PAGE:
When dealing with gastrointestinal issues, you are asked one question over and over…
Are you getting enough fiber?
Why Does Fiber Help Digestion?
You may have heard over and over again how important fiber is for your health, but you may not understand why it has such an impact. Fiber plays a unique role in digestion it is not broken down into nutrients but instead stays intact as it makes its journey through your intestines.
A diet high in fiber can help keep your heart healthy, slow down the absorption of sugar through the gut wall, and aid in weight management. Getting enough intestinal fortitude ensures your digestive system runs smoothly. Allowing for a more comfortable pooping experience.
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A stool or bowel movement is defined by the National Institute of Digestive Diseases as what is left after your digestive system (stomach, small intestine, and colon) breaks down and absorbs nutrients and fluids from what you eat and drink. While no one likes to talk about it, regular bowel movements are imperative to our health. In this blog article I’ll briefly cover what to be aware of in regards to bowel movements and what they can be indicative of in terms of our digestive health.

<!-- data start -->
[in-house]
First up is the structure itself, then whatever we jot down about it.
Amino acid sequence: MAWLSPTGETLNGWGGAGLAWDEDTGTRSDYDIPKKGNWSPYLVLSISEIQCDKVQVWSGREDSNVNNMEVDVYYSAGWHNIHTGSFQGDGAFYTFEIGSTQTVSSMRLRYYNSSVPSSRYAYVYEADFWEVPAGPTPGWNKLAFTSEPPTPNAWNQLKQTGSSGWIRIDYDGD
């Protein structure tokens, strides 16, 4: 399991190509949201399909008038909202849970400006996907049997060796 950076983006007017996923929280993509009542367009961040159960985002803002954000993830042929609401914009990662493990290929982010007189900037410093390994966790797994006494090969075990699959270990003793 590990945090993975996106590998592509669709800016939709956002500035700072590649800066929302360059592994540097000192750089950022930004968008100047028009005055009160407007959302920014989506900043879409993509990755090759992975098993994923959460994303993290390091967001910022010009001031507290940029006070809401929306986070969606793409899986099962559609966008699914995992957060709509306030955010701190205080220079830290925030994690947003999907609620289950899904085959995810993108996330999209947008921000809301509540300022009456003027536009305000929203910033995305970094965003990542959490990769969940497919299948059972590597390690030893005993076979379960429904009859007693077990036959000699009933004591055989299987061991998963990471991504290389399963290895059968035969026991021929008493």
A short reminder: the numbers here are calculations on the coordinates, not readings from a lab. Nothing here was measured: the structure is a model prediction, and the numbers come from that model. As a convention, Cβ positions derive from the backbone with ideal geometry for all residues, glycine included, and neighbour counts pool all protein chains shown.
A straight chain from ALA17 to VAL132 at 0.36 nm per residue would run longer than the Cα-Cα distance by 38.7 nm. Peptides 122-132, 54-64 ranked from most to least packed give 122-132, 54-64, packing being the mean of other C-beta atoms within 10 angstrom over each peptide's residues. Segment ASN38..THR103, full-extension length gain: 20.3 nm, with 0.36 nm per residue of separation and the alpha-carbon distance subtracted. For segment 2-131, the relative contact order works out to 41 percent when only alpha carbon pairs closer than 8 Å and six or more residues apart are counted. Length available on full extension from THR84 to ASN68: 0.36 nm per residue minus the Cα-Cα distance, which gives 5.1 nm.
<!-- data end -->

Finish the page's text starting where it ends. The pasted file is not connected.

Bowel Movements – What Should I Be Aware of?
Unless you are suffering from intestinal issues, most of us don’t spend a lot of time thinking about our bowel movements. If you were asked to describe a normal bowel movement could you do it? Since there is no a standard definition of a “normal” bowel movement, don’t be worried if you struggled with that question. Bowel movements are highly individualized based on factors like diet and exercise. The key thing to be aware of is what is normal for you. Take note of the four characteristics below and let you doctor know if any of them change dramatically. It’s helpful to create a log of any changes with dates and use the Bristol Stool Chart diagram to describe the shape. Read The Article
What is Gluten?
According to the Celiac Disease Foundation, gluten is a general name for the proteins found in wheat, rye, barley and triticale. The science on gluten sensitivity is evolving quickly and we’re starting to learn much more about this condition. Since so many foods and restaurants are now advertising gluten-free options, I often have patients ask me if they should be “gluten-free”. Due to these questions, I wanted to provide a brief overview on these diets and a few common questions related to gluten.
What Symptoms are Indicative of Gluten Sensitivity or Celiac Disease?
These symptoms are signs that you may have an issue:
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- You have chronic GI symptoms. A few of the more common chronic GI symptoms include but are not limited to – diarrhea, abdominal cramping, and bloating.
- You’re deficient in iron, folate, or vitamin B12.
- You have a family history of celiac disease.